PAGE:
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A guided tour of ‘Treasures of Osterley’ followed by a talk on the Child family as collectors by John Chu.


‘Treasures of Osterley’ explores the rise to fame and fortune of the Child banking family of Osterley Park through the exquisite works of art and furniture they collected. Sir Francis Child and his sons were at the forefront of the development of modern banking, during what was known as ‘The Financial Revolution’ in the late 17th century. They were major investors in the new stock markets and founded their own family banking business on Fleet Street, competing with the newly formed Bank of England. It allowed them to buy the opulent Osterley Park in West London and to indulge in their passion for collecting works of art from around the world.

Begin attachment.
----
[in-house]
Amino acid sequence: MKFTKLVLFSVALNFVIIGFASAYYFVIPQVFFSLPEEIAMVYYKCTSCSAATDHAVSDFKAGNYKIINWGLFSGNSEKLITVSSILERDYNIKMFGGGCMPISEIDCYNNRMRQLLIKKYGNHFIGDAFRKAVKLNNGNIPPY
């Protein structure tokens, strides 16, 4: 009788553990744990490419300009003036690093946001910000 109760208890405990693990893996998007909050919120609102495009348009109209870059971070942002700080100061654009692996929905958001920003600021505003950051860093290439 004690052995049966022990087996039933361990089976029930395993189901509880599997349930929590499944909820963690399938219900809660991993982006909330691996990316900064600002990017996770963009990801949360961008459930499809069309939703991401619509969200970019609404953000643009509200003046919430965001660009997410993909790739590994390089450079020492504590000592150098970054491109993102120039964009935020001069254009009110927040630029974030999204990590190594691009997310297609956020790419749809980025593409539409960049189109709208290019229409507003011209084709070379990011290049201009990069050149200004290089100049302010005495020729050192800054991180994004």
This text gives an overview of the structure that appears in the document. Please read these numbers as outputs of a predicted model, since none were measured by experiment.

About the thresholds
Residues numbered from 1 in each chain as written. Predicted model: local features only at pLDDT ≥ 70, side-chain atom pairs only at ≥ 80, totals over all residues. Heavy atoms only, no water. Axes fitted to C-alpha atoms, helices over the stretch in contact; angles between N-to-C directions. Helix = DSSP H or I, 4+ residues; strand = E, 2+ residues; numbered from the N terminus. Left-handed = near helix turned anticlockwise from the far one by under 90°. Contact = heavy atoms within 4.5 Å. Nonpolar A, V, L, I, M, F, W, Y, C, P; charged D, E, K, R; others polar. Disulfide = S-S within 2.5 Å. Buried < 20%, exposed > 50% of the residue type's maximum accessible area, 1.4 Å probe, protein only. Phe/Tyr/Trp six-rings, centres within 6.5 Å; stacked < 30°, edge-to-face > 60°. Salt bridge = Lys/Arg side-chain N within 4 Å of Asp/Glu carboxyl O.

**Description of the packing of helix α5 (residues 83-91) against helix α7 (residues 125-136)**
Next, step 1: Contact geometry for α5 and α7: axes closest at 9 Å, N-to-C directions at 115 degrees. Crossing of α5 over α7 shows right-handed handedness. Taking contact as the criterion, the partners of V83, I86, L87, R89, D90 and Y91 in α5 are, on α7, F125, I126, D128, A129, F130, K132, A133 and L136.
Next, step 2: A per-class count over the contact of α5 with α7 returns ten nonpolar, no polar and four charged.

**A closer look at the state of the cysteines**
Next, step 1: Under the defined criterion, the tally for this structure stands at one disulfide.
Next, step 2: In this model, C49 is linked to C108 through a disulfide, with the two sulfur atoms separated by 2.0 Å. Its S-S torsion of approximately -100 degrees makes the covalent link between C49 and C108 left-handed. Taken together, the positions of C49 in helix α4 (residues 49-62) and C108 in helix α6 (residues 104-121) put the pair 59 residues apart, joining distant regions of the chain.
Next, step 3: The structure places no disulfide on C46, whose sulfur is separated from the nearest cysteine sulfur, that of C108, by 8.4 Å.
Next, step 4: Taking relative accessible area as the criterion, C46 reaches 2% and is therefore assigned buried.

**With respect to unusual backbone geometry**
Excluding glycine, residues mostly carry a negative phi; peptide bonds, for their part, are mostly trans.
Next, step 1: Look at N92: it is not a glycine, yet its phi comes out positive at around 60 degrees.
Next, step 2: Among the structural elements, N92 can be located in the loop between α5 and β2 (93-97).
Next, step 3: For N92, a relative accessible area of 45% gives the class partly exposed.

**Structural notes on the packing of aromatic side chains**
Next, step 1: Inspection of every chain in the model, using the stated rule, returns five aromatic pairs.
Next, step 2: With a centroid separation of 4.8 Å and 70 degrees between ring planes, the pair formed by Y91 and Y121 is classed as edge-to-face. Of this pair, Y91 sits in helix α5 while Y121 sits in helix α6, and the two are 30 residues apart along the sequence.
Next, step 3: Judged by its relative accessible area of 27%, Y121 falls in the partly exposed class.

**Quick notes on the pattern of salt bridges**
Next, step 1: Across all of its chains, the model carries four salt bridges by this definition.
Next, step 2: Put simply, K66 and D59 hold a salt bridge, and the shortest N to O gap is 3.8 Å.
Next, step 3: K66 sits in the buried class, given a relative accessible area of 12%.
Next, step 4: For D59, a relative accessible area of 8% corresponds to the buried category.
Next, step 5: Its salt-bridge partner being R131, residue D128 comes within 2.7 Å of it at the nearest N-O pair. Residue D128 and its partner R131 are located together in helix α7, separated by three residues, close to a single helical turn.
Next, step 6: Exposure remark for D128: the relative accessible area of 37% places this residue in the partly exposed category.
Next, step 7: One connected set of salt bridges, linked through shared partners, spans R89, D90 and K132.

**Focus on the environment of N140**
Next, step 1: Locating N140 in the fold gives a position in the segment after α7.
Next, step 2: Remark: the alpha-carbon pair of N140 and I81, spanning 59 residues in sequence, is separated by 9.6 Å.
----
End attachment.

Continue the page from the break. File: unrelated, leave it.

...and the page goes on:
Spread across four of Osterley’s grand rooms, the exhibition showcases treasures from the Child collection. Many of them are rarely on view. Each object has been chosen to provide a glimpse into the Childs’ lives and work.The centrepiece of the exhibition is a 17th-century painting of St Agatha by Italian artist Carlo Dolci. This has been reinstated into the Osterley collection and is on show for the first time after its recent acquisition by the National Trust.

John Chu is assistant Curator of Pictures and Sculpture for the National Trust, working on the research, display and conservation of collections nationwide. At the Trust his research focuses on different styles of collecting in the eighteenth century, and he has published peer-reviewed articles on the connections between gambling and aristocratic patronage, the collecting of women in East India Company territories and, currently, Old Master connoisseurship among bankers during the Financial Revolution. He is the main curator of the exhibition Treasures of Osterley.

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